I still find that Dickens’s use of language is rather convoluted and highly detailed but the more of his work I read the easy I find it is to get into the flow of his style. Once I’m into the style I find I am free to just get lost in the story. And boy, can Dickens weave a great story. I said this about my previous Dickens read Great Expectations but this time I really mean it. Bleak House really is the most intricate and twisting tales I’ve read of his so far! There were a lot of characters and threads in this novel which made it at first a slow start but I think Dickens weaved them all together beautifully by the end of the novel. And even though I knew the basic premise of the story from a TV adaptation I had watched before I still found Dickens had some surprises up his sleeves for me. Hence why I tried to keep my summary of the story as vague as possible. I would hate to spoil the mystery for anyone who hasn’t read this yet.

 Bleak House was a mysterious and thrilling look into the light and dark aspects of Victorian London. I highly recommend reading this novel. This is now my 14th read off my Classics Club list. I now have a copy of The Pickwick Papers, and digital copies of A Christmas Carol and  A Tale of Two Cities to choose from for my next Dickens read.

Are you a fan of Charles Dickens? What Dickens’s novel do you think I should read next?

The Classics Club: Great Expectations

Great Expectations

After reading and enjoying Oliver Twist by Charles Dickens at the end of 2012 I have been even more keen to read more of Dickens work. Already having Great Expectations on my to-be-read pile pretty much made up my mind which of Dickens’s work would be my next read. As the cold weather seems to have descended on the UK again I thought Great Expectations would be a great read to snuggle up in a blanket with as the dark nights drew in.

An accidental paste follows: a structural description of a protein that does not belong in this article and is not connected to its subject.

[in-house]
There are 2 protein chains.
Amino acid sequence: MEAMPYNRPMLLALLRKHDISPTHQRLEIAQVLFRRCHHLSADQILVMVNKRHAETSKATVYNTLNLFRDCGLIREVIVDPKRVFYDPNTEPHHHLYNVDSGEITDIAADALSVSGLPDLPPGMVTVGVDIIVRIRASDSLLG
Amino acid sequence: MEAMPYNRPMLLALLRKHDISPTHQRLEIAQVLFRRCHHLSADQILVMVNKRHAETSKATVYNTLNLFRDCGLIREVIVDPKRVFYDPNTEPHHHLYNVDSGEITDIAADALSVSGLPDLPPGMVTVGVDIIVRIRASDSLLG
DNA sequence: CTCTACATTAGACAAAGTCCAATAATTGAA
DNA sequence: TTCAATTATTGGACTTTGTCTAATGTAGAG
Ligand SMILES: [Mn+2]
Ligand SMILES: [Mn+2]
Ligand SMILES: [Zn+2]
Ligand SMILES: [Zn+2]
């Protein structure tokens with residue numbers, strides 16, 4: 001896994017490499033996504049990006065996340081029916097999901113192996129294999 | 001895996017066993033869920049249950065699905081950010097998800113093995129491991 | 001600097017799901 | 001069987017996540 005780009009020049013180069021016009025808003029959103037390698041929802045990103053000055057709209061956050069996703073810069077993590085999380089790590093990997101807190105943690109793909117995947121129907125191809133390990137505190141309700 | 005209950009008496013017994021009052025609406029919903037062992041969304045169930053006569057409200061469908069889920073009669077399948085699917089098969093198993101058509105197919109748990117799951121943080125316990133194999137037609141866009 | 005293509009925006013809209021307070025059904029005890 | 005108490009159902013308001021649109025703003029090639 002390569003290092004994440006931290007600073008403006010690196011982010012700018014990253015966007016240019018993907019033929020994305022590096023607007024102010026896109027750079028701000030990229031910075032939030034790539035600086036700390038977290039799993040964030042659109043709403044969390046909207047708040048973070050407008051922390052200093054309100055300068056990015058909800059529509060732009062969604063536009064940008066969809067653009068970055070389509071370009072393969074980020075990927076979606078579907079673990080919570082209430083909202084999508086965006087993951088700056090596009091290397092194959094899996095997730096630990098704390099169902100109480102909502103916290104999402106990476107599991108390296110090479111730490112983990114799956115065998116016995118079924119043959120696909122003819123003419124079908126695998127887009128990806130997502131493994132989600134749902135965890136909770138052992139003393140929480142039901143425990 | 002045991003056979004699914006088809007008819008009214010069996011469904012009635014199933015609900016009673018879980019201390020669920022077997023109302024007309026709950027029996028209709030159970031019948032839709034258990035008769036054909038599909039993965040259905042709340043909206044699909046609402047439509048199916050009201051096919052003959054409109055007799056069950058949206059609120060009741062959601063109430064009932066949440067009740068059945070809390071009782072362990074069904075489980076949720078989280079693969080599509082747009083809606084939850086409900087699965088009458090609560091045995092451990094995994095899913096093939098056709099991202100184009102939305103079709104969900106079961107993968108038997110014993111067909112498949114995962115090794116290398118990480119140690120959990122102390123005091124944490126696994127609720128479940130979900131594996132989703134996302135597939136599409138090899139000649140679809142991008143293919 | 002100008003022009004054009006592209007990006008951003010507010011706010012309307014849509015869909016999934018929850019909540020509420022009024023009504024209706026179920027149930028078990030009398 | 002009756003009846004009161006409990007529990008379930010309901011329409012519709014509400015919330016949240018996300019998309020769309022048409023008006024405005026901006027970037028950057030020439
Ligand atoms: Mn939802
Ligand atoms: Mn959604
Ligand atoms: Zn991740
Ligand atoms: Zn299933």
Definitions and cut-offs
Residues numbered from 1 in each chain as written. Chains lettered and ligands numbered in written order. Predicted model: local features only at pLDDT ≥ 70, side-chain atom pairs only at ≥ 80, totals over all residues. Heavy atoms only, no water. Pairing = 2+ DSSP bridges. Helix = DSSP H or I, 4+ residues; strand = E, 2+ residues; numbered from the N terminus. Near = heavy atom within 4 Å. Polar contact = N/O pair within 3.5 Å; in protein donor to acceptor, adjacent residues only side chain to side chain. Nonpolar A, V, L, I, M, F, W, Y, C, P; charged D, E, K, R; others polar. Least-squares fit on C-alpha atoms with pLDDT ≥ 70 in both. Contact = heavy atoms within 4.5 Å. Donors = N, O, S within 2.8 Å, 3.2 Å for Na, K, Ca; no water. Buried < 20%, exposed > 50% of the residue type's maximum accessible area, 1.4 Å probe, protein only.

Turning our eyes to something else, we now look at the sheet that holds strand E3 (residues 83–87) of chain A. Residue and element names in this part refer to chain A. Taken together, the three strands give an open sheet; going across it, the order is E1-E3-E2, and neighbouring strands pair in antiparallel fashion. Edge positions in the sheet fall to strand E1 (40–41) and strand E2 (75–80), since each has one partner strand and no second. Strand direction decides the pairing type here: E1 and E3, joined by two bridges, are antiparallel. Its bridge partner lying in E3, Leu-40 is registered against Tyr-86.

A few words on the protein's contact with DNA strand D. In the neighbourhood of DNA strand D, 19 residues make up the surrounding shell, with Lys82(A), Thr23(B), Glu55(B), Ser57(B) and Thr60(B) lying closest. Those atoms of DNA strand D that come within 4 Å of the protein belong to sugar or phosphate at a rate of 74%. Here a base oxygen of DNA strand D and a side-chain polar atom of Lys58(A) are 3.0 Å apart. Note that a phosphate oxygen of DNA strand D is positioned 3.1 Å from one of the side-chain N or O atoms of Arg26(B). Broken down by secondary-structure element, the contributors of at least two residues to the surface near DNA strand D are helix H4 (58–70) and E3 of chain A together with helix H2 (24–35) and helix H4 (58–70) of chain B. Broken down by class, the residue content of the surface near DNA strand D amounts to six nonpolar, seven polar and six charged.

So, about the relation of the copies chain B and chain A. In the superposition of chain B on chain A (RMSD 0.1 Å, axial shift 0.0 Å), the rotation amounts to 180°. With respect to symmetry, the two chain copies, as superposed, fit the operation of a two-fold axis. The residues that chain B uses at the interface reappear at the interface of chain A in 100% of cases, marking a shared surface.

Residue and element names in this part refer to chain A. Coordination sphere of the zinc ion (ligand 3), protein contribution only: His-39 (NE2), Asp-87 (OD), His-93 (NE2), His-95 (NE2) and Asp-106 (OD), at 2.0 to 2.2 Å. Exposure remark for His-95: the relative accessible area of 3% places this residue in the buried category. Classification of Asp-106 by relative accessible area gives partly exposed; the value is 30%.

Great Expectations follows the life of a young orphaned boy nicknamed Pip. When we join young Pip he is living with his strict sister and her big-hearted husband Joe Gargery. At which point Pip has little to no expectations other than to join Joe as an apprentice in his smithy. A series of strange events and encounters are to set Pip on a completely different road though. As a young man he is visited by a London lawyer who informs him that he has a secret benefactor who wishes to pay for Pip to become a gentleman. Pip moves to London with his great expectations looking to make a name for himself and finally claim the hand of the woman he loves. Great Expectations reminded me of a previous Dickens’s read Nicholas Nickleby because they both span a great deal of one individual’s life. There was plenty of time to really get to know Pip, his virtues as well as his faults and failings, and how he goes on to grow and change from a boy into a man.